The Girls Who Stepped Out of Line: Untold Stories of the Women Who Changed the Course of World War II

Image of The Girls Who Stepped Out of Line: Untold Stories of the Women Who Changed the Course of World War II
Author(s): 
Release Date: 
August 3, 2021
Publisher/Imprint: 
Sourcebooks
Pages: 
400
Reviewed by: 

“a fascinating read.”

The Girls Who Stepped Out of Line by Major General Mari K. Eder is a distinguished addition to the growing number of publications excavating into public view the massive and varied contribution of women during World War II—a contribution that for many years has been accidentally or deliberately ignored.

The book is organized around 15 very different biographies of women (or as the title says “girls”), who “stepped out of line” often in dramatic ways. Unlike some other publications in this genre these women are not primarily stepping into jobs that have become vacant because of the departure of their menfolk into battle by becoming ambulance drivers, land girls, etc. The stars of this publication in many cases carved niches for themselves in war- generated activities such as code-breaking or smuggling jewelery out of Europe for Jewish families who hoped to eventually and successfully flee.

These biographies are bracketed by a strong Introduction and some slightly less effective concluding pages, which do, however, list Queen Elizabeth II as a girl who stepped out of line, as she “served in uniform as a truck driver and auto mechanic” during the war!

In her introduction, Eder muses on the fact that while, according to stereotype, women’s place was still supposed to be in the home; in fact, before and during WWI, many women had already disregarded this convention though they “did not benefit from the strength of feminist movements, women’s marches and technological advances that connect and empower so many women across the globe in the twenty-first century.” She cites Frank Moore’s Women of the War first published in 1867 that includes the biographies of 43 women who participated in the US Civil War.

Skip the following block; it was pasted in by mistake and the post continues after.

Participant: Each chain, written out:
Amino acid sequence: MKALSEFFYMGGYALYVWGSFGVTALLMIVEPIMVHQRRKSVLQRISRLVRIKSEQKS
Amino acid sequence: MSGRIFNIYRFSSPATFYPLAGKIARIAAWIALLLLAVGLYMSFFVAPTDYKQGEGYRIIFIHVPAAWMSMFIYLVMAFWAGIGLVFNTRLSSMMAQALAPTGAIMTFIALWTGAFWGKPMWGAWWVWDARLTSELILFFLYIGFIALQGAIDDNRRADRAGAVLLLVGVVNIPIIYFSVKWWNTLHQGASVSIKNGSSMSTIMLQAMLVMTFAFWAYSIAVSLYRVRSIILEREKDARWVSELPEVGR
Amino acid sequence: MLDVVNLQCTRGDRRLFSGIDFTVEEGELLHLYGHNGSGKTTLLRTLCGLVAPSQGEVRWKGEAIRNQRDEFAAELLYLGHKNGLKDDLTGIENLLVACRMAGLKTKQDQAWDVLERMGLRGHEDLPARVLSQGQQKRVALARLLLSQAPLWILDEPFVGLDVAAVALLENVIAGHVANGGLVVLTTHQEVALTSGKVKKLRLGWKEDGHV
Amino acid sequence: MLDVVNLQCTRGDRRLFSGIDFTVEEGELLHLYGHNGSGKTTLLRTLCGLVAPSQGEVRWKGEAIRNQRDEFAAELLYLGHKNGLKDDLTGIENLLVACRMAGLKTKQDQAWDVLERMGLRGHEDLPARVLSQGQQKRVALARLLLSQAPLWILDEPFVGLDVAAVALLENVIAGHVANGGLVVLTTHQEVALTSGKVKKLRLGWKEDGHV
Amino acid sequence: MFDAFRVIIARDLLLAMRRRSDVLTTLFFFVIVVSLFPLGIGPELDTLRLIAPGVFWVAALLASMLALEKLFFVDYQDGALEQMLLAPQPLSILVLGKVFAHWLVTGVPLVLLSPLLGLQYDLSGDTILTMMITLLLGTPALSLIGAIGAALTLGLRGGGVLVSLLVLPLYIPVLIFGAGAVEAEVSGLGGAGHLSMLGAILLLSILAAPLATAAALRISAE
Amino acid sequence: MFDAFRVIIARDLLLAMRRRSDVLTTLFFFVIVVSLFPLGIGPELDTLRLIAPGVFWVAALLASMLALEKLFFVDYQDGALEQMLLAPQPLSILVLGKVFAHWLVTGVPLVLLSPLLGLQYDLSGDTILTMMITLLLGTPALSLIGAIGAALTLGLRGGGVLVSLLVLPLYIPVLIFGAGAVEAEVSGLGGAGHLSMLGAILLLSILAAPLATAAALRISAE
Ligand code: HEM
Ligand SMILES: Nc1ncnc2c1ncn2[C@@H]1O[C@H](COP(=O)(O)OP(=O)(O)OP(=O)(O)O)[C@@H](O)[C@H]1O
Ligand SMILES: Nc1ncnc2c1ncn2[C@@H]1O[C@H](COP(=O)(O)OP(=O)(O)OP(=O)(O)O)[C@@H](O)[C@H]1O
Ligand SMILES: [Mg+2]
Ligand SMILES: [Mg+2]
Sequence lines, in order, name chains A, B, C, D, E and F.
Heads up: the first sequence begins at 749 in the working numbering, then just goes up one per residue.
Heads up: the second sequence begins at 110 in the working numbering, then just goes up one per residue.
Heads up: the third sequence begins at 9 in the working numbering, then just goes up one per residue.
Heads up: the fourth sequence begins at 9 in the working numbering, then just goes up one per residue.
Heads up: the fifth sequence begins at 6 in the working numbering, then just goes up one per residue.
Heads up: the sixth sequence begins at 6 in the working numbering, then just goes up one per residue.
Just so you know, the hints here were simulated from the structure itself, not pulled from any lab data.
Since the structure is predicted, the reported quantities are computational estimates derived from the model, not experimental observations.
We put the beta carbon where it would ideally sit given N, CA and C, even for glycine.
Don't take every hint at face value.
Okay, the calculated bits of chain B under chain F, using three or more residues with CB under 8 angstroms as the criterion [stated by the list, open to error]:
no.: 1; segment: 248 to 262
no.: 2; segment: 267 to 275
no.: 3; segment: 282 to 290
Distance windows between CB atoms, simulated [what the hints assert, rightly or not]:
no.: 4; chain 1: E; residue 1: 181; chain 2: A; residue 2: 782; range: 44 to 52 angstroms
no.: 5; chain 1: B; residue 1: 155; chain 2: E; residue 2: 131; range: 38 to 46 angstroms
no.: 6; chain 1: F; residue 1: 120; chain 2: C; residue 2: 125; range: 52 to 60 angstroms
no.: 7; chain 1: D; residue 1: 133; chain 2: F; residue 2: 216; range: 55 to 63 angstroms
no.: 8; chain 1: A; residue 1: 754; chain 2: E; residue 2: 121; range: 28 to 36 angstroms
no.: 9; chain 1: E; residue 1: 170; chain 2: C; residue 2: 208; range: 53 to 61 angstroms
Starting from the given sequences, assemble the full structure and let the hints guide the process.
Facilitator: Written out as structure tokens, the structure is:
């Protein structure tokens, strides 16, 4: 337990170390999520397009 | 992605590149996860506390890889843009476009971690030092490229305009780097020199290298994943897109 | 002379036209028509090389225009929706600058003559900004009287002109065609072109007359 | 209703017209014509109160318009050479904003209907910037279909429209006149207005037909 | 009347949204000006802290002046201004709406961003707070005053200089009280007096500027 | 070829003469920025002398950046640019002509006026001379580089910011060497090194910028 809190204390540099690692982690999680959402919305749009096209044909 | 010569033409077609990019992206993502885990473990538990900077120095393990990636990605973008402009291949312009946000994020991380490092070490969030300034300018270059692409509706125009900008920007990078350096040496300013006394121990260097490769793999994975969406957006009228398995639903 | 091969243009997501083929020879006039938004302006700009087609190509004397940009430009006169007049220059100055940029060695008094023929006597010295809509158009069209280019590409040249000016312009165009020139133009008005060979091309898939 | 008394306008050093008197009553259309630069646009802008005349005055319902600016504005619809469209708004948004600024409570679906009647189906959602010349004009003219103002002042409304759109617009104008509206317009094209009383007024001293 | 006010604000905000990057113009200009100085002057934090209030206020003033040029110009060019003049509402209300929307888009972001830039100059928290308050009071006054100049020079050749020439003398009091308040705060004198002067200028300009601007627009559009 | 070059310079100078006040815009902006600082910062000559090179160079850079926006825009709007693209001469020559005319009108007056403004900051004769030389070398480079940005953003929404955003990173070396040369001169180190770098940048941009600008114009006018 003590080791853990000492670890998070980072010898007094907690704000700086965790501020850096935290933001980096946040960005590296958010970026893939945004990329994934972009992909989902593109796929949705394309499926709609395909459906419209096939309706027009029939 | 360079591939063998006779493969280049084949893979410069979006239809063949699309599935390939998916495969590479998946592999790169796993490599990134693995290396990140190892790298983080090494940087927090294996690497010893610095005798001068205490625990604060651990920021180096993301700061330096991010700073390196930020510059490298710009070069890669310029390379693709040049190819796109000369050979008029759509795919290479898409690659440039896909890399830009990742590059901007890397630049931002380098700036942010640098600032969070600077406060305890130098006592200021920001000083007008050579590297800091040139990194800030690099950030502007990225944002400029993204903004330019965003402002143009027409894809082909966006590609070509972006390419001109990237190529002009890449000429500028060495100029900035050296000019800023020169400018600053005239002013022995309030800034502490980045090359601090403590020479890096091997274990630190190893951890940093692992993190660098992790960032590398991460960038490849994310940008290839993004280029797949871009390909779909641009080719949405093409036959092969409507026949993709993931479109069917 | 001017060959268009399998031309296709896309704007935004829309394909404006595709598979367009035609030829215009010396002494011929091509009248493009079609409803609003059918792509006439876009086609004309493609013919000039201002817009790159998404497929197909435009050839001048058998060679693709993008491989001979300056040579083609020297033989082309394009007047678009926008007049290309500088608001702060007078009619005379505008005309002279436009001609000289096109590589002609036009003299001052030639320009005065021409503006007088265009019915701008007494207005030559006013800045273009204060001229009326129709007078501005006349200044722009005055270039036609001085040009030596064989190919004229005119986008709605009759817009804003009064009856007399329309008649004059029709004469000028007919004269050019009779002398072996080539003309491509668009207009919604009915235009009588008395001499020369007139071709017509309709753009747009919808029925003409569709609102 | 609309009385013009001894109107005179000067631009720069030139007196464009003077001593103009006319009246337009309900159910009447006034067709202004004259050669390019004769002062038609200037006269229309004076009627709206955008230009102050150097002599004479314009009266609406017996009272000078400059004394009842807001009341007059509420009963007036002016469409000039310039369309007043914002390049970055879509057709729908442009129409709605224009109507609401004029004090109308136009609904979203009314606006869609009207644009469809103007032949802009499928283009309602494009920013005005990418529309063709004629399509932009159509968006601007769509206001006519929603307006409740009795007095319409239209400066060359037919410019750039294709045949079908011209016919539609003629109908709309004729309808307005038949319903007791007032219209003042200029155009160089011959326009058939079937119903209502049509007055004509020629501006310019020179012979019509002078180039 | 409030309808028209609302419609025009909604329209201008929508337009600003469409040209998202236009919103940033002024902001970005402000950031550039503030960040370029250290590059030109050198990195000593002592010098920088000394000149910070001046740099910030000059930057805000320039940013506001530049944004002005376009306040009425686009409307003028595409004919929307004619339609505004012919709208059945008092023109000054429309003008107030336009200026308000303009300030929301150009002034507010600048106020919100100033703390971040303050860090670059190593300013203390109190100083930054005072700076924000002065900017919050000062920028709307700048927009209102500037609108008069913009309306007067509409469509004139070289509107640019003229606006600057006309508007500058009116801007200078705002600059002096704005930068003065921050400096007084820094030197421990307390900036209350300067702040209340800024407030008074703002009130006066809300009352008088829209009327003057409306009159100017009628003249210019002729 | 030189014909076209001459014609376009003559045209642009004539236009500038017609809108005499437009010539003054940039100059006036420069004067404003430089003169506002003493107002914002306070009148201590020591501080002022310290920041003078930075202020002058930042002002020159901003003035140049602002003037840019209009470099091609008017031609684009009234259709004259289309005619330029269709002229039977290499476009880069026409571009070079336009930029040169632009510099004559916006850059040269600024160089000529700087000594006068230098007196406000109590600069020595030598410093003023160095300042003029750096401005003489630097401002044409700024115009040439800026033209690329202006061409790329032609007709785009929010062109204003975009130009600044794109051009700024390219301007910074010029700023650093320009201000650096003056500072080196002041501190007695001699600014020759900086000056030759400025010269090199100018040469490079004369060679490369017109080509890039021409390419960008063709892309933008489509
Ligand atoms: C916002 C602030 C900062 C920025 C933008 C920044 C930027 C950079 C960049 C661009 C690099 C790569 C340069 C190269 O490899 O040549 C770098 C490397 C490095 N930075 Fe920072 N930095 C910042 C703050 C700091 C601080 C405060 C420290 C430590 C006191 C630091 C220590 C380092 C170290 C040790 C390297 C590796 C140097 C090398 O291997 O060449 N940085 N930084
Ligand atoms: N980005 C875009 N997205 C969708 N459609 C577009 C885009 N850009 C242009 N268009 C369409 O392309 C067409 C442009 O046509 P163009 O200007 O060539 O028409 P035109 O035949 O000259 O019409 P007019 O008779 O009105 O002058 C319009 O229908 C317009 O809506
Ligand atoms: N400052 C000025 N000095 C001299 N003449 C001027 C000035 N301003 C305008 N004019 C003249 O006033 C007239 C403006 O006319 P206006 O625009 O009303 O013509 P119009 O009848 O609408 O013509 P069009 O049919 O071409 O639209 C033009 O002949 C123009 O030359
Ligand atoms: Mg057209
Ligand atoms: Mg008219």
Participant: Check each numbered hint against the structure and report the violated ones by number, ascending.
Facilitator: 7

As she notes, she herself had relatively little information about the earlier manifestations of female activism or the heroines of WWI, until she was asked to step in at the last moment to give a speech on “Leading in a Complex World” for the Association of the US Army’s (AUSA) annual symposium in Washington in 2017. She scrambled to find a few stories of outstanding women and gradually deepened her research to produce the current volume.

The individual chapters present a range of women’s experiences, some of whom deliberately set out to make a difference, and others who became heroines by accident. What is striking is that despite the male establishment’s acknowledgement that women might have crucial skills and aptitudes (soldering of metals, languages, cartography, telephony), they were regularly paid less and usually not given the official recognition they deserved during or after the war. These women often suffered “grinding racial and gender prejudice from the institutions they served.” And while many of them flourished after their discharge in political and related spheres, most did not receive acknowledgement of their war veteran status during their lifetimes. Eder notes however that several of them reached their centenary and finally got their due!

Tighter editing would have helped with the sometimes-complicated chronology of these stories, and occasionally the use of direct speech seems awkward. It would also have been interesting to have included some reflections on related more theoretical work such as Betty Friedan’s The Feminine Mystique (1963), which deconstructs the way political and economic forces conspired to make women, who had been forced back into the home when their men came back from battle, satisfied with their homemaking lot. But these are minor quibbles as this is overall a fascinating read.

Some favorites are Ida and Louise Cook who, under the pretext of going to the opera in Berlin, Vienna, Munich, Salzburg, and elsewhere, smuggled out enough jewelery “to enable Jewish families to buy their way to freedom, proving that they could provide for themselves and meeting Britain’s strict requirement to prove financial stability.”

Equally heroic were the women who built the Bombe: the two-ton machine that broke the Enigma messages the Nazi government used in classified communication with its armed forces. (“The Navy found that the delicate touch necessary to expertly craft the Bombe rotor wheels was better done by women than by men with large clumsy hands.”!) In March 2019, nearly 74 years after the end of World War II, the surviving nimble-fingered women were honored and had their first view of the completed Bombe for which they had provided all the component parts “as cogs in a machine.”